Did you find a salamander in Missouri?
First, congratulations! Although these amphibians are widespread, they can be challenging to locate. The best places to look are in wet habitats under rocks and in creekbeds. Honestly, looking for salamanders is a really fun experience!
Below you will find a list of the most common and interesting salamanders that live in Missouri. You will find detailed pictures, along with range maps for each species to help with your identification!
11 Types of Salamanders in Missouri:
#1. Eastern Newt
- Notophthalmus viridescens
- Larvae are aquatic and have smooth, olive green skin, narrow, fin-like tails, and feathery gills.
- Juveniles are terrestrial and have rough, orangish-red skin with darker spots outlined in black.
- Adults have slimy, dull olive-green skin, dull yellow undersides, darker black-rimmed spots, and a blade-like tail.
Eastern Newts have the most complicated life cycle of any salamander in Missouri!
When they’re first hatched, they spend all of their time in the water. This larval stage lasts for two to five months. After that, they metamorphose into juvenile Eastern Newts.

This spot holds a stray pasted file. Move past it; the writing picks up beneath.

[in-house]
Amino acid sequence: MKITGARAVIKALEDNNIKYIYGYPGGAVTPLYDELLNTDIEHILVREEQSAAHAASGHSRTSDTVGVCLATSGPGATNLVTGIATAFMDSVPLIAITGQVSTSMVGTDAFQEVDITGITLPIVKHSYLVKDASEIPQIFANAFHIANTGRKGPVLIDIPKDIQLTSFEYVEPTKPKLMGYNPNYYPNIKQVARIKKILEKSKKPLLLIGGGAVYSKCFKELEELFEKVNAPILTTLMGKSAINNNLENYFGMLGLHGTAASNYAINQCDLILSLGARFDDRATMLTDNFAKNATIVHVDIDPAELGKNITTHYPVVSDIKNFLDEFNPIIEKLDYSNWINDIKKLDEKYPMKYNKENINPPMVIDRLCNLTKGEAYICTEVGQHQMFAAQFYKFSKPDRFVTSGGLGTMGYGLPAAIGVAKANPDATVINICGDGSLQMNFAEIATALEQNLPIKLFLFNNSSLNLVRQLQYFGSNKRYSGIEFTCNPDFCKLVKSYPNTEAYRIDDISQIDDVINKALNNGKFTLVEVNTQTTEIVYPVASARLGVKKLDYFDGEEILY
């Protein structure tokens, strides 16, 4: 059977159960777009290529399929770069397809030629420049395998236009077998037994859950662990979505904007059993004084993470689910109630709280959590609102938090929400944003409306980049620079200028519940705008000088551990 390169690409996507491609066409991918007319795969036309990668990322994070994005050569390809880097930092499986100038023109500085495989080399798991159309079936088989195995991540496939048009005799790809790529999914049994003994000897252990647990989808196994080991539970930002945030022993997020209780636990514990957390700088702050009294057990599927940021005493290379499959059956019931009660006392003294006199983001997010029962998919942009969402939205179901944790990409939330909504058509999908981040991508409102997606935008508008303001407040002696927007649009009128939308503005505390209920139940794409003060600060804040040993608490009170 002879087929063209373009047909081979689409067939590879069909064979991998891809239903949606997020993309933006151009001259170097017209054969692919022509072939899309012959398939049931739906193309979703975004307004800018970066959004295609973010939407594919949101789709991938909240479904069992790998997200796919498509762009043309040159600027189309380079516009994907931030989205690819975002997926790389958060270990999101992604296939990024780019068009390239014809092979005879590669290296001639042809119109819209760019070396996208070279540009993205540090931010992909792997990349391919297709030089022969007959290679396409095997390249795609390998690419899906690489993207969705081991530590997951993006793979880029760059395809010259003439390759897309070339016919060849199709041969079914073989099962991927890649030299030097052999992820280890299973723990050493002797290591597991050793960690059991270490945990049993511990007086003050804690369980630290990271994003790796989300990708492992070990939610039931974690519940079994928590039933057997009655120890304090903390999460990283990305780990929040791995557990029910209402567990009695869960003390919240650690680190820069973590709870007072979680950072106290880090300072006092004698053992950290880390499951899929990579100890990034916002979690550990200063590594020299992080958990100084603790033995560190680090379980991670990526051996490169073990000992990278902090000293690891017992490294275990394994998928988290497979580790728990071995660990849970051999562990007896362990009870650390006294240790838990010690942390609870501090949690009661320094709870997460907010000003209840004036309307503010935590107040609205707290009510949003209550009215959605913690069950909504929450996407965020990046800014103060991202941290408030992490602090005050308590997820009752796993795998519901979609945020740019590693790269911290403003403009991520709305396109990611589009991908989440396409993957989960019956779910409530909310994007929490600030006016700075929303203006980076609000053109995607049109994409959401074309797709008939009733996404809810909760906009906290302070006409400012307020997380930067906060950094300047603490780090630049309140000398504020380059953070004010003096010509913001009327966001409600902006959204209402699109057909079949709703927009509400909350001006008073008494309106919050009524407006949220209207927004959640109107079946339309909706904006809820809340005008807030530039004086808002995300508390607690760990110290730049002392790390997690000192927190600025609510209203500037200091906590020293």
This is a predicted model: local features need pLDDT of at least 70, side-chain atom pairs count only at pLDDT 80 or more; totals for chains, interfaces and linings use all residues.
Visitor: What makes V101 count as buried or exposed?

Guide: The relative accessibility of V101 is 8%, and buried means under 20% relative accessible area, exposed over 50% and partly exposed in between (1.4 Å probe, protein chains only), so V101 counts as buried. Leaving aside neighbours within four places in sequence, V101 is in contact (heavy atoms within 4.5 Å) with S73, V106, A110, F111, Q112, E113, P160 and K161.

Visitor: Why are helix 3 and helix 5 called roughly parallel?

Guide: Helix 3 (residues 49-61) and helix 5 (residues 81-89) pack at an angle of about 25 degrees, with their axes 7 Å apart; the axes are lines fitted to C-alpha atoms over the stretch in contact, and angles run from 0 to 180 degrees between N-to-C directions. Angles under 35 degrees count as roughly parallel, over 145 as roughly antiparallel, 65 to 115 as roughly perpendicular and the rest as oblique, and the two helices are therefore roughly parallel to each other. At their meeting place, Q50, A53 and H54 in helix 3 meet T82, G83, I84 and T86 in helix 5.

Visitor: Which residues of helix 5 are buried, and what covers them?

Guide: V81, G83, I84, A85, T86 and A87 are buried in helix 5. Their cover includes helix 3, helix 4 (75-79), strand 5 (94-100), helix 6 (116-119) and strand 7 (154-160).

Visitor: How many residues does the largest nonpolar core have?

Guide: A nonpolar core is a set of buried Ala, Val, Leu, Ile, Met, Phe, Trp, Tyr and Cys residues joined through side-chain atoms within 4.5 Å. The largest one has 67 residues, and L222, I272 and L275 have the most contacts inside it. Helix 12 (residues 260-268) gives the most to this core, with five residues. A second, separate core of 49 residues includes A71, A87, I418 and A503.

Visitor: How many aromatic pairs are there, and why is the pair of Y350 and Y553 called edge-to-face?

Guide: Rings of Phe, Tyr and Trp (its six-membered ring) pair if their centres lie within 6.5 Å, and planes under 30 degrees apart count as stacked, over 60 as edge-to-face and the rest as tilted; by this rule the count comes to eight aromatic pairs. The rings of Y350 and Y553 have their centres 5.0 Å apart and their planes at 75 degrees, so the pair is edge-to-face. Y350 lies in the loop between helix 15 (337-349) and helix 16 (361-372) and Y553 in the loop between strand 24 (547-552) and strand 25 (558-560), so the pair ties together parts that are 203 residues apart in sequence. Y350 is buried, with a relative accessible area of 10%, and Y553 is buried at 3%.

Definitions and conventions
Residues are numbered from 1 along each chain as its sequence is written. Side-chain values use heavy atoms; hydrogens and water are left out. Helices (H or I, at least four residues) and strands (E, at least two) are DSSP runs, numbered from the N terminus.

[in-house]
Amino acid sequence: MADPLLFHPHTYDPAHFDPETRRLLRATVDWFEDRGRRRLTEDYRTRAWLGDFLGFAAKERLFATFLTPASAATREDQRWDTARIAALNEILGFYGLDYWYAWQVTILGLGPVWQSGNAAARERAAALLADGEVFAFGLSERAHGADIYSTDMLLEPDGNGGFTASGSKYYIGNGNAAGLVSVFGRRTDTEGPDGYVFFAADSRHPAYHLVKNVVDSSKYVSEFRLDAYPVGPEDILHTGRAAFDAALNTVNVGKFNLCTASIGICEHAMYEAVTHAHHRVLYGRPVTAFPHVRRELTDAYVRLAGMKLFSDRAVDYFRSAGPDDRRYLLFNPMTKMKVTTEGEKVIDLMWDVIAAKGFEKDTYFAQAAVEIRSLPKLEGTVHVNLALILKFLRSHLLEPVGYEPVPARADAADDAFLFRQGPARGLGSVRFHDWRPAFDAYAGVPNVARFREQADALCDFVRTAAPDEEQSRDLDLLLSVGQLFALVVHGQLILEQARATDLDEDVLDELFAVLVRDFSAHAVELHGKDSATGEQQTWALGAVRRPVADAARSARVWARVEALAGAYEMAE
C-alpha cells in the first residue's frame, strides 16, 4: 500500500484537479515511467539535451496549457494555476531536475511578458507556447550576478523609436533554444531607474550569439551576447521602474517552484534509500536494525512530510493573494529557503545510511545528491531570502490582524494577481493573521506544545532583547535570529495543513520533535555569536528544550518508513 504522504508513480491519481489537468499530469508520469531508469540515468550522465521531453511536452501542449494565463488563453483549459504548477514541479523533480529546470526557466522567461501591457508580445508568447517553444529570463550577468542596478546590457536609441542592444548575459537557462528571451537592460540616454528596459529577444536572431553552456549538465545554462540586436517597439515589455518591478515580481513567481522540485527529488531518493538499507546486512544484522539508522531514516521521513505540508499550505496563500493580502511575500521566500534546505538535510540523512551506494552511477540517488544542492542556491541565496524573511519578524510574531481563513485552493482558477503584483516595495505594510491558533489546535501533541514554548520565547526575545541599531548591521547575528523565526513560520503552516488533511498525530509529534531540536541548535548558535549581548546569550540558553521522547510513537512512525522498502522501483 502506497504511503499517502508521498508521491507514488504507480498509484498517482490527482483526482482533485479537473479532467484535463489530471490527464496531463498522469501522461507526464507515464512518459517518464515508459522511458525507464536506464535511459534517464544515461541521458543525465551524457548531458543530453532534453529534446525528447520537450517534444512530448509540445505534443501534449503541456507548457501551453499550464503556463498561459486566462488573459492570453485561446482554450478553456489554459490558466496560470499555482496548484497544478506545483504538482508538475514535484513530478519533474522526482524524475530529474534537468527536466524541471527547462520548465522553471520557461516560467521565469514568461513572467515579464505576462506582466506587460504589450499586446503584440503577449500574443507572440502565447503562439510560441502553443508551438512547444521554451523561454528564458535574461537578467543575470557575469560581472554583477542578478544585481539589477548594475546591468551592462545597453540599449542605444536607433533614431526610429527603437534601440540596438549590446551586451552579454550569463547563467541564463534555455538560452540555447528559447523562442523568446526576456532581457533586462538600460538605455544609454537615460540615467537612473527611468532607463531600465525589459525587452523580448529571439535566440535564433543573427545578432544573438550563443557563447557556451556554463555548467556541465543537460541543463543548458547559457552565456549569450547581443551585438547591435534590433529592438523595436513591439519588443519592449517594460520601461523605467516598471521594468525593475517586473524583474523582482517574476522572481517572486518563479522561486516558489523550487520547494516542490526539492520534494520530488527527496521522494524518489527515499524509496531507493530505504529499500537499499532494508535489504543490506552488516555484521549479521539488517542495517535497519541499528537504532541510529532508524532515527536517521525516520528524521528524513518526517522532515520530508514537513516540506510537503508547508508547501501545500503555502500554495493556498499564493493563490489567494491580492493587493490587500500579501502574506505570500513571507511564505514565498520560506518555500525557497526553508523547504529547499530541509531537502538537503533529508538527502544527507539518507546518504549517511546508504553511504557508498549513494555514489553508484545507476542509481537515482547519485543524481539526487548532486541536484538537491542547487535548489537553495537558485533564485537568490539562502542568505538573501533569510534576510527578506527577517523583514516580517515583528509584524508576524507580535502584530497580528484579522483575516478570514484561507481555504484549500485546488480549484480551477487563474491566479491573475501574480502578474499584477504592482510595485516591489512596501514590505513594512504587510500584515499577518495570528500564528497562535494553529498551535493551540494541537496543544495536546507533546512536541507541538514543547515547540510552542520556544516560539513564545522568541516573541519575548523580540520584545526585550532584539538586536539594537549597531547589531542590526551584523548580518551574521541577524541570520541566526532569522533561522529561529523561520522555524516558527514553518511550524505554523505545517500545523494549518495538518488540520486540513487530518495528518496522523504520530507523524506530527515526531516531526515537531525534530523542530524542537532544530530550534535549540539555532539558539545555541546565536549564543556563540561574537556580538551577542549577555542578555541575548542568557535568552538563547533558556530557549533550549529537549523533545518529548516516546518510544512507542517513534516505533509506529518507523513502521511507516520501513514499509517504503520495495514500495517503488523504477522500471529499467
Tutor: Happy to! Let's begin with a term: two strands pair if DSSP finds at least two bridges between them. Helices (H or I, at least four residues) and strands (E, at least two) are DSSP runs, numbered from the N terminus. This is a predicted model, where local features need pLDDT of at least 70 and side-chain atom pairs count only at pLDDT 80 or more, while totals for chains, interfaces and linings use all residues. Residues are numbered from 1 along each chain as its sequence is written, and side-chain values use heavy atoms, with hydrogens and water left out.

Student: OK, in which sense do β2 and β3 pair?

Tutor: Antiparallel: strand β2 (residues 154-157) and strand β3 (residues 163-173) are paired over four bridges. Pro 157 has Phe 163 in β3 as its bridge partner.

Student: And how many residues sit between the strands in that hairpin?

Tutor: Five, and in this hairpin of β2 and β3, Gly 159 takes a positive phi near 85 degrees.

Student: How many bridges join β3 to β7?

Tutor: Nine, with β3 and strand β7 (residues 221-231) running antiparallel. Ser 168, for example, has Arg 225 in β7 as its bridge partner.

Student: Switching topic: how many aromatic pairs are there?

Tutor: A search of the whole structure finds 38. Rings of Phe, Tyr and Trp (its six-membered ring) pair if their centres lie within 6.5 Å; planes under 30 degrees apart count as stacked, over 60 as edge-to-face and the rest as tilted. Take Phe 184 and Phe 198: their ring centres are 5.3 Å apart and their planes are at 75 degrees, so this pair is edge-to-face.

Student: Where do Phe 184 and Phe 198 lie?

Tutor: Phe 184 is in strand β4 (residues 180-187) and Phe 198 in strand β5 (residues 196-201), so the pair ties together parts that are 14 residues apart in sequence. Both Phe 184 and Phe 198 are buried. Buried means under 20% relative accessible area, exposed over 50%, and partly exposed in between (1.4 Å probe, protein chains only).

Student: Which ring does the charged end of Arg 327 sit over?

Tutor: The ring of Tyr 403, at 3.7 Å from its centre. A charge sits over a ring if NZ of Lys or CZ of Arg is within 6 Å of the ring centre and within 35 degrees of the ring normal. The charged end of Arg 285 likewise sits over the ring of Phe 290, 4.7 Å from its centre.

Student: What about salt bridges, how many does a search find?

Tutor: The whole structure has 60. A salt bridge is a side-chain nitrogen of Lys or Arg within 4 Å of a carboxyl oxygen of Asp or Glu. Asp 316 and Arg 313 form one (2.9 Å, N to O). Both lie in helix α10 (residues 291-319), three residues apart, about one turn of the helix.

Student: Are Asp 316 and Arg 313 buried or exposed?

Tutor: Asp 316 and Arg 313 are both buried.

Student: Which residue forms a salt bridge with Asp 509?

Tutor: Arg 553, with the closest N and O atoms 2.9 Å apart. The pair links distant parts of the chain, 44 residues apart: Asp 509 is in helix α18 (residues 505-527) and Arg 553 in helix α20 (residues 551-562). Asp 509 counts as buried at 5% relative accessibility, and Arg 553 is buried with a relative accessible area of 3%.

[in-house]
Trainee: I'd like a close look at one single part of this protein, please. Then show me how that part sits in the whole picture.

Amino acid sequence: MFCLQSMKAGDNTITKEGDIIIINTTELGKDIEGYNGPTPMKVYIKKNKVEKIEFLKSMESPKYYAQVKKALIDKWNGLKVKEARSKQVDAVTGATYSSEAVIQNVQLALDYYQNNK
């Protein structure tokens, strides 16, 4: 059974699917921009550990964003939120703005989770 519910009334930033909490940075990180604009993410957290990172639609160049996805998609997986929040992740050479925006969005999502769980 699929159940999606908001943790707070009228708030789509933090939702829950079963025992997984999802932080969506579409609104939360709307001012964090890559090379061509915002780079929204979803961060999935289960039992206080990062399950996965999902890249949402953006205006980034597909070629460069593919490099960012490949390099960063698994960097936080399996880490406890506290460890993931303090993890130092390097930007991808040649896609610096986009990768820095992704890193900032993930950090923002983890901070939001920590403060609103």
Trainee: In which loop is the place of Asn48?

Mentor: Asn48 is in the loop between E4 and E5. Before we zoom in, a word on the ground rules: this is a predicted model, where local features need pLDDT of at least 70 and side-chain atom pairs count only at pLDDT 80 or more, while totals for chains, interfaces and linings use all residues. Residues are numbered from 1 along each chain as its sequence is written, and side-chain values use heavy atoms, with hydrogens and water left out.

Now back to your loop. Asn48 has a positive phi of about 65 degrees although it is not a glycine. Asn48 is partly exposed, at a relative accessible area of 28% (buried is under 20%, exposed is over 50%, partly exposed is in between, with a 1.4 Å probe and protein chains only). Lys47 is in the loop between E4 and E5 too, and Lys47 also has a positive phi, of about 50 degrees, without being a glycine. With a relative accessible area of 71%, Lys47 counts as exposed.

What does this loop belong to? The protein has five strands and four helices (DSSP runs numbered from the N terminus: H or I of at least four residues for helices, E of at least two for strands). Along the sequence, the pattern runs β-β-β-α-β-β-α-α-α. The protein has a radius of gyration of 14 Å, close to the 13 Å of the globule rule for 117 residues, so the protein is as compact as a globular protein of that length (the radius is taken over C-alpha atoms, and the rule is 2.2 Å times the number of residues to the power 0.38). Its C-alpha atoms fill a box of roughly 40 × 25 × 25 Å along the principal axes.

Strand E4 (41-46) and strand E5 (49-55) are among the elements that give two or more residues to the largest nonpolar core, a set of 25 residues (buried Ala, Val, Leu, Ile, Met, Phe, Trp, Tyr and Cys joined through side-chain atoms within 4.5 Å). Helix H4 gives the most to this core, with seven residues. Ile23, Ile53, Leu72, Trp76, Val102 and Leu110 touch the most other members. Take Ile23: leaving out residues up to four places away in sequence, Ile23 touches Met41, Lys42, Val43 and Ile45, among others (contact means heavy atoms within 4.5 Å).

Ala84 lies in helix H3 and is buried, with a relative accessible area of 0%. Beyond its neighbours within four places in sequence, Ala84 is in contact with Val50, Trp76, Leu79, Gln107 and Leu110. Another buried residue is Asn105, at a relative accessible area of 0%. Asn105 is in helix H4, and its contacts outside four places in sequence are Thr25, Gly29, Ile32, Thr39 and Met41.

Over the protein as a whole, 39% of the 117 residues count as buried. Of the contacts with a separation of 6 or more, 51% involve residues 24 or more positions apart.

They live in terrestrial forest habitats for two to seven years during their juvenile stage. Even though they generally remain hidden under moist leaf litter and debris, you may see them moving about on rainy days and nights, foraging insects, worms, and spiders. This is the stage of life you’re most likely to see an Eastern Newt. If you spot one, be careful – they have glands that secrete a potent neurotoxin when they’re threatened.
Finally, Eastern Newts will migrate back to a water source and metamorphose into aquatic adults, where they eat small amphibians, fish, and worms. They can live up to 15 years and spend the rest of their lives in this aquatic form.
Interestingly, Eastern Newts are known for their homing ability, which allows them to travel to and from their breeding ground. Though scientists are unsure of the exact mechanism, the Eastern Newt likely uses magnetic orientation to find its way!
#2. Spotted Salamander
- Ambystoma maculatum
- Adults are 5.9 to 9.8 inches long with wide snouts. They are typically black but may also be bluish-black, dark grey, dark green, or dark brown. Their underside is slate gray or pale pink.
- They have two uneven rows of spots down their back, from just behind their eyes to the tip of their tail. Spots on the head are orange and fade to yellow further down the body and tail.
- Larvae are light brown or greenish-yellow with small darker spots, external gills, and fin-like tails.
The Spotted Salamander is found primarily in hardwood forests with vernal pools, which are temporary ponds created by spring rain. Like many salamanders in Missouri, they require vernal pools for breeding because the fish in permanent lakes and ponds would eat all their eggs and larvae.
These salamanders are fossorial, meaning they spend most of their time underground. Spotted Salamanders are typically only seen above ground just after heavy rain, so you’ll need to get a little muddy to find one! They go dormant underground during the winter months and don’t come out until the breeding season between March and May.